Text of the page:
Pacific West Region: Lassen Volcanic National Park
Bubbling mud pots, volcanic lore, and shimmering lakes sound like something from a Land Before Time movie, but in fact these larger-than-life features can all be seen (and smelled) at California’s Lassen Volcanic National Park, an under-the-radar destination in the northern half of the state. As the least visited of California’s nine main parks, there’s a refreshing sense of solitude and discovery here, from the towering summit of Lassen Peak (a must-hike for panoramic views) to the tranquil shores of Manzanita Lake, a peaceful mecca for kayaks and paddleboards.
Check out Hello Ranger’s complete guide to Lassen Volcanic National Park here.
Lincoln Memorial/Photo by Diana Bowen/Courtesy of NPS
National Capital Region: Lincoln Memorial
It’s a place as iconic as the most quintessential of American bucket list destinations, and one that certainly lives up to (and exceeds) the hype. Presiding over the National Mall in the heart of America’s capital, the Lincoln Memorial ranks right up there with the Statue of Liberty and Mount Rushmore as one of the most pivotal of patriotic memorials. It’s the kind of place that’s so deeply etched in American lore that even if you haven’t witnessed it in person, you’ve surely felt its might in movies and history books. An apt homage to one of the greatest leaders this country—or any country—has ever seen, it’s a must-visit in the nation’s capital, a city filled with national park sites that serve to tell the story of our democracy.
Check out Hello Ranger’s complete guide to the Lincoln Memorial on our Patron.
Acadia National Park/Photo by Matt Kirouac
Northeast Region: Acadia National Park
As the most visited national park site in New England, or the entire east coast for that matter, Acadia National Park stands out as the true gem that it is. Perched along the famed craggy coast of Maine, the park commands more than 3.5 million visitors annually, making it among the top 10 most visited in the country, and for good reason. This is a place of stunning diversity and vivid scenery, from soaring trees and crashing waves to picturesque islands, oceanside mountains, and the bucolic town of Bar Harbor. The Jordan Pond Loop Trail is an easy option with serene landscape. And once you’re done, don’t forget the popovers at the Jordan Pond House, a delicacy that’s come to be as renowned as the park’s loons.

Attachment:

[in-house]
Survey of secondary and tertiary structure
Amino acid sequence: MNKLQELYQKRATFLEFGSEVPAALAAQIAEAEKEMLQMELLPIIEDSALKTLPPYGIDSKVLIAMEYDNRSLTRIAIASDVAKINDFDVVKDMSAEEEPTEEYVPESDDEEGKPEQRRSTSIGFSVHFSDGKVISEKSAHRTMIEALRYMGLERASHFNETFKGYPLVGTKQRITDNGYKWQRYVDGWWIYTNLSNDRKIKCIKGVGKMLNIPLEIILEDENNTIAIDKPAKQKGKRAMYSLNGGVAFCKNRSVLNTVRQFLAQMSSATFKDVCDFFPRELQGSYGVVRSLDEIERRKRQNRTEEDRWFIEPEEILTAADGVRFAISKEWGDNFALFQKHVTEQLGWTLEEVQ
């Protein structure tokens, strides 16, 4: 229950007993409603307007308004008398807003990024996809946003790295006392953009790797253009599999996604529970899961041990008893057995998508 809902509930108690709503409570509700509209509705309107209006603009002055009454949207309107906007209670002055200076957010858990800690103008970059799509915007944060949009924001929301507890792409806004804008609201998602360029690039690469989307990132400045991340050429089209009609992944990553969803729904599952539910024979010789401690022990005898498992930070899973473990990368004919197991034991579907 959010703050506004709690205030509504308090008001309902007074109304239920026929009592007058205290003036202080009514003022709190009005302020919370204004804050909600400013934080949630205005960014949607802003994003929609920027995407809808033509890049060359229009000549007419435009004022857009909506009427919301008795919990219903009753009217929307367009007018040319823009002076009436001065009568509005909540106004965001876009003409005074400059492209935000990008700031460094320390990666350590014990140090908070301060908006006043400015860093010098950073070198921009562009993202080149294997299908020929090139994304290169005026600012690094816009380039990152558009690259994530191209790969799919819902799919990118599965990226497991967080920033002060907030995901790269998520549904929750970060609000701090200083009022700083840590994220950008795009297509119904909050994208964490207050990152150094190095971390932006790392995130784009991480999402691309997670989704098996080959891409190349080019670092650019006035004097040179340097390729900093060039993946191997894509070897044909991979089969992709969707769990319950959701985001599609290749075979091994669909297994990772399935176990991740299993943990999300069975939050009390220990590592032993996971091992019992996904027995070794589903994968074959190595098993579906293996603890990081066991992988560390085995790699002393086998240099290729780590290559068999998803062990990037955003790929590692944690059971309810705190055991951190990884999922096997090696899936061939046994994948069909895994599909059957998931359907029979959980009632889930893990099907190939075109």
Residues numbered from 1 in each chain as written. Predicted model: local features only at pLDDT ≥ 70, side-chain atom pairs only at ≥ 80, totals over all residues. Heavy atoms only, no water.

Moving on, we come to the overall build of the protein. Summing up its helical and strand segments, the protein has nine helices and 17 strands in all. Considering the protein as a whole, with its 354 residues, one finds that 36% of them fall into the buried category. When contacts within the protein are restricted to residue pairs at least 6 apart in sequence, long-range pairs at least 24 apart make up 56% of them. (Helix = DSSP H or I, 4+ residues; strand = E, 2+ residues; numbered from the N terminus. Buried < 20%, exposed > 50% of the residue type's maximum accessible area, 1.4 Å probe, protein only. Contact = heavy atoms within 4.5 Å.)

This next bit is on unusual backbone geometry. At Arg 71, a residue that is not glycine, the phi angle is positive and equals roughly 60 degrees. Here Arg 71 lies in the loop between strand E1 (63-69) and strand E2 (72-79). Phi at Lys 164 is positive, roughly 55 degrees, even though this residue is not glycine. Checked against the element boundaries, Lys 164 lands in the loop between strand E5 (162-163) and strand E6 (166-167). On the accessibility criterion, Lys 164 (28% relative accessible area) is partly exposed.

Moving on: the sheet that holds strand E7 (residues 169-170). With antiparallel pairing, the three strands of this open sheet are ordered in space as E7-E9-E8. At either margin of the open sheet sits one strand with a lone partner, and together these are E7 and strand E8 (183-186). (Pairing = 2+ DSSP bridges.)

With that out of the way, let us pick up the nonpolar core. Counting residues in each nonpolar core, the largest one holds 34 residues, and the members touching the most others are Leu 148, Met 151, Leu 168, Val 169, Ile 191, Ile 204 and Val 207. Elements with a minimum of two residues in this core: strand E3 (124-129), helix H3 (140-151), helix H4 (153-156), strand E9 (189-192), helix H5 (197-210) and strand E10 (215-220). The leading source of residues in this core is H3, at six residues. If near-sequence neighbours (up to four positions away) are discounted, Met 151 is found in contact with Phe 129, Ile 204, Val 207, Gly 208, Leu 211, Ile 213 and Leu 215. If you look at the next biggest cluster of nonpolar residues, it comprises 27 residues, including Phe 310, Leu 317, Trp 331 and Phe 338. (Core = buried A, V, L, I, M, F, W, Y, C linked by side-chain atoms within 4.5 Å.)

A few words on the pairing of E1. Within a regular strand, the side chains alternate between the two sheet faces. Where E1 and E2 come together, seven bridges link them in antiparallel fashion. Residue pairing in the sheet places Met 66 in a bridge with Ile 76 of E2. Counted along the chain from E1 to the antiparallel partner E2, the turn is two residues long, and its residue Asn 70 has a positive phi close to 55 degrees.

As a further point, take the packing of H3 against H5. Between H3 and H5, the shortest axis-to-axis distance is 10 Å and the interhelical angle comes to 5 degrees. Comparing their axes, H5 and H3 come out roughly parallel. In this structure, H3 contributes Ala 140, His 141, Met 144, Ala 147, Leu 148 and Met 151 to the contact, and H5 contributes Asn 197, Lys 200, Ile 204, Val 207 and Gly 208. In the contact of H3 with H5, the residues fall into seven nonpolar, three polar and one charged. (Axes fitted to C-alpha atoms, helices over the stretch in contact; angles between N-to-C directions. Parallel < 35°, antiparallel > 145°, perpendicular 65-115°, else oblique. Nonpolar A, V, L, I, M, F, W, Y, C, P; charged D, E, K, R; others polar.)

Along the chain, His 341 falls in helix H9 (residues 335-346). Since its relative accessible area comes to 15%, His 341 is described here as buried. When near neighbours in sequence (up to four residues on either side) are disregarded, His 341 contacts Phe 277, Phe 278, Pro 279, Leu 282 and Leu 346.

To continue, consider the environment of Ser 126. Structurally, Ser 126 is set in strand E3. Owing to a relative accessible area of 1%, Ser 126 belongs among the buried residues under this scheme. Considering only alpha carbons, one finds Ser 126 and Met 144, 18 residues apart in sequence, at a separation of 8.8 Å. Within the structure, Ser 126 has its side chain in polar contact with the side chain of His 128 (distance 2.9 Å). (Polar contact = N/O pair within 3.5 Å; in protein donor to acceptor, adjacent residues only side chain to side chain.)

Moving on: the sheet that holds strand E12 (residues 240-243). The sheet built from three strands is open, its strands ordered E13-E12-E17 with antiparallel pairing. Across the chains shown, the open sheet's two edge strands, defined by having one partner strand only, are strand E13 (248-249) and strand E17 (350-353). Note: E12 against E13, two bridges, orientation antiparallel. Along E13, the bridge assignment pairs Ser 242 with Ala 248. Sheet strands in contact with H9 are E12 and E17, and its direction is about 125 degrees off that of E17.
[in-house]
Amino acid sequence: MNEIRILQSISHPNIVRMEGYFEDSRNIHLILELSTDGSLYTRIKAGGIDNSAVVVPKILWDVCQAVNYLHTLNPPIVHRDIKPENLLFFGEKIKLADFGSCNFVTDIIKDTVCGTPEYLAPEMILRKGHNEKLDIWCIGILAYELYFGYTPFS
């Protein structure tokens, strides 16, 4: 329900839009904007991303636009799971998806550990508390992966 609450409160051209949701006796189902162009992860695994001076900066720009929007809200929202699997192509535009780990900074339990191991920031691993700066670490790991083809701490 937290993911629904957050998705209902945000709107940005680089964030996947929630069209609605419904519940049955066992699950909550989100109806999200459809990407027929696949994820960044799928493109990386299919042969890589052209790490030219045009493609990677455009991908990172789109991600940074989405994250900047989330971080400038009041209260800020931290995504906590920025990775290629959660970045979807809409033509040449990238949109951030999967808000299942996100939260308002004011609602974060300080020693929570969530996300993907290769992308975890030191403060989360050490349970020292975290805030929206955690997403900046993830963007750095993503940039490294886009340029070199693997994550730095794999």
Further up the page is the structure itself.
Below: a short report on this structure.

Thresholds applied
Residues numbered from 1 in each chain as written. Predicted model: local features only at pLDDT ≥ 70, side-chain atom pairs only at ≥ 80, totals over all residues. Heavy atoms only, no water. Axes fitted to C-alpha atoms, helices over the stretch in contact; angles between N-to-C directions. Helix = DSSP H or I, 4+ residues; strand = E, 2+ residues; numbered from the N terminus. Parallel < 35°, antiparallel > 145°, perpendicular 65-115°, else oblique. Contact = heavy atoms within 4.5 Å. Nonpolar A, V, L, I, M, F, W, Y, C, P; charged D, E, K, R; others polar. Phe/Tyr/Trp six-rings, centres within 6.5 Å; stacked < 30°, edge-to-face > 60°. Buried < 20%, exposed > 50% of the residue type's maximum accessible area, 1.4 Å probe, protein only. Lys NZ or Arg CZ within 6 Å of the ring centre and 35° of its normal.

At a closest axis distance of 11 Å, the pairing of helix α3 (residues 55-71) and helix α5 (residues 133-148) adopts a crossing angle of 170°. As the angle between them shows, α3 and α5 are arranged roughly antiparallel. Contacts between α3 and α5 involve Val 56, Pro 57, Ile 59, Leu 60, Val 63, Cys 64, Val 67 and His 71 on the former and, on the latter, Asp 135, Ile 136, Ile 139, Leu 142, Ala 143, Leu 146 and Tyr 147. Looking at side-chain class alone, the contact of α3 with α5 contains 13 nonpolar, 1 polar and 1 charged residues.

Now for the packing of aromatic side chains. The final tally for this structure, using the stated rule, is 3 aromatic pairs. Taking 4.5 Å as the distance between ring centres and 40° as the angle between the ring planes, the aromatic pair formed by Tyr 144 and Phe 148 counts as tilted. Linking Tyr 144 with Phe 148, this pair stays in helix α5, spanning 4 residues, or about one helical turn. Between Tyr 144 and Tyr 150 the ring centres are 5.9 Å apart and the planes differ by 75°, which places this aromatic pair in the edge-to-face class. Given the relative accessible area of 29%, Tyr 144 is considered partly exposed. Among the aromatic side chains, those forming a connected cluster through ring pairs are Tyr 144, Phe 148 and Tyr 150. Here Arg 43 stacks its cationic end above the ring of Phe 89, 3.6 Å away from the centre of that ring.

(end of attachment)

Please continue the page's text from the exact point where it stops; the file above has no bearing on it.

Gates of the Arctic National Park & Preserve/Photo by Ronald D. Karpilo Jr./Courtesy of NPS
Alaska Region: Gates of the Arctic National Park & Preserve
An apt nickname for Gates of the Arctic National Park & Preserve might be “Call of the Wild National Park,” seeing as this is the kind of far-flung final frontier you’d expect to read about in a Jack London novel. Or see in a movie remake starring Harrison Ford. As the most northern national park in America, and the only park north of the Arctic Circle, Gates of the Arctic is truly unlike any place in the country or the National Park Service. You likely won’t see many humans here; at 8.5 million acres, it’s the second largest in the U.S., but it only receives about 11,000 annual visitors. This remote wonderland is brimming with epic wildlife and once-in-a-lifetime experiences that need to be seen to be believed.
Check out Hello Ranger’s complete guide to Gates of the Arctic National Park & Preserve on our Patron.
Header photo: Courtesy of Lassen Volcanic National Park/NPS
Matt Kirouac has been writing about food and travel since 2008, for outlets like Travel + Leisure, TripSavvy, DiningOut magazines, Plate Magazine, KOA, Culture Trip, Zagat, and Food Fanatics magazine. He fell in love with national parks while on a trip to South Dakota, where Badlands National Park stole his heart…and has been holding it ransom ever since.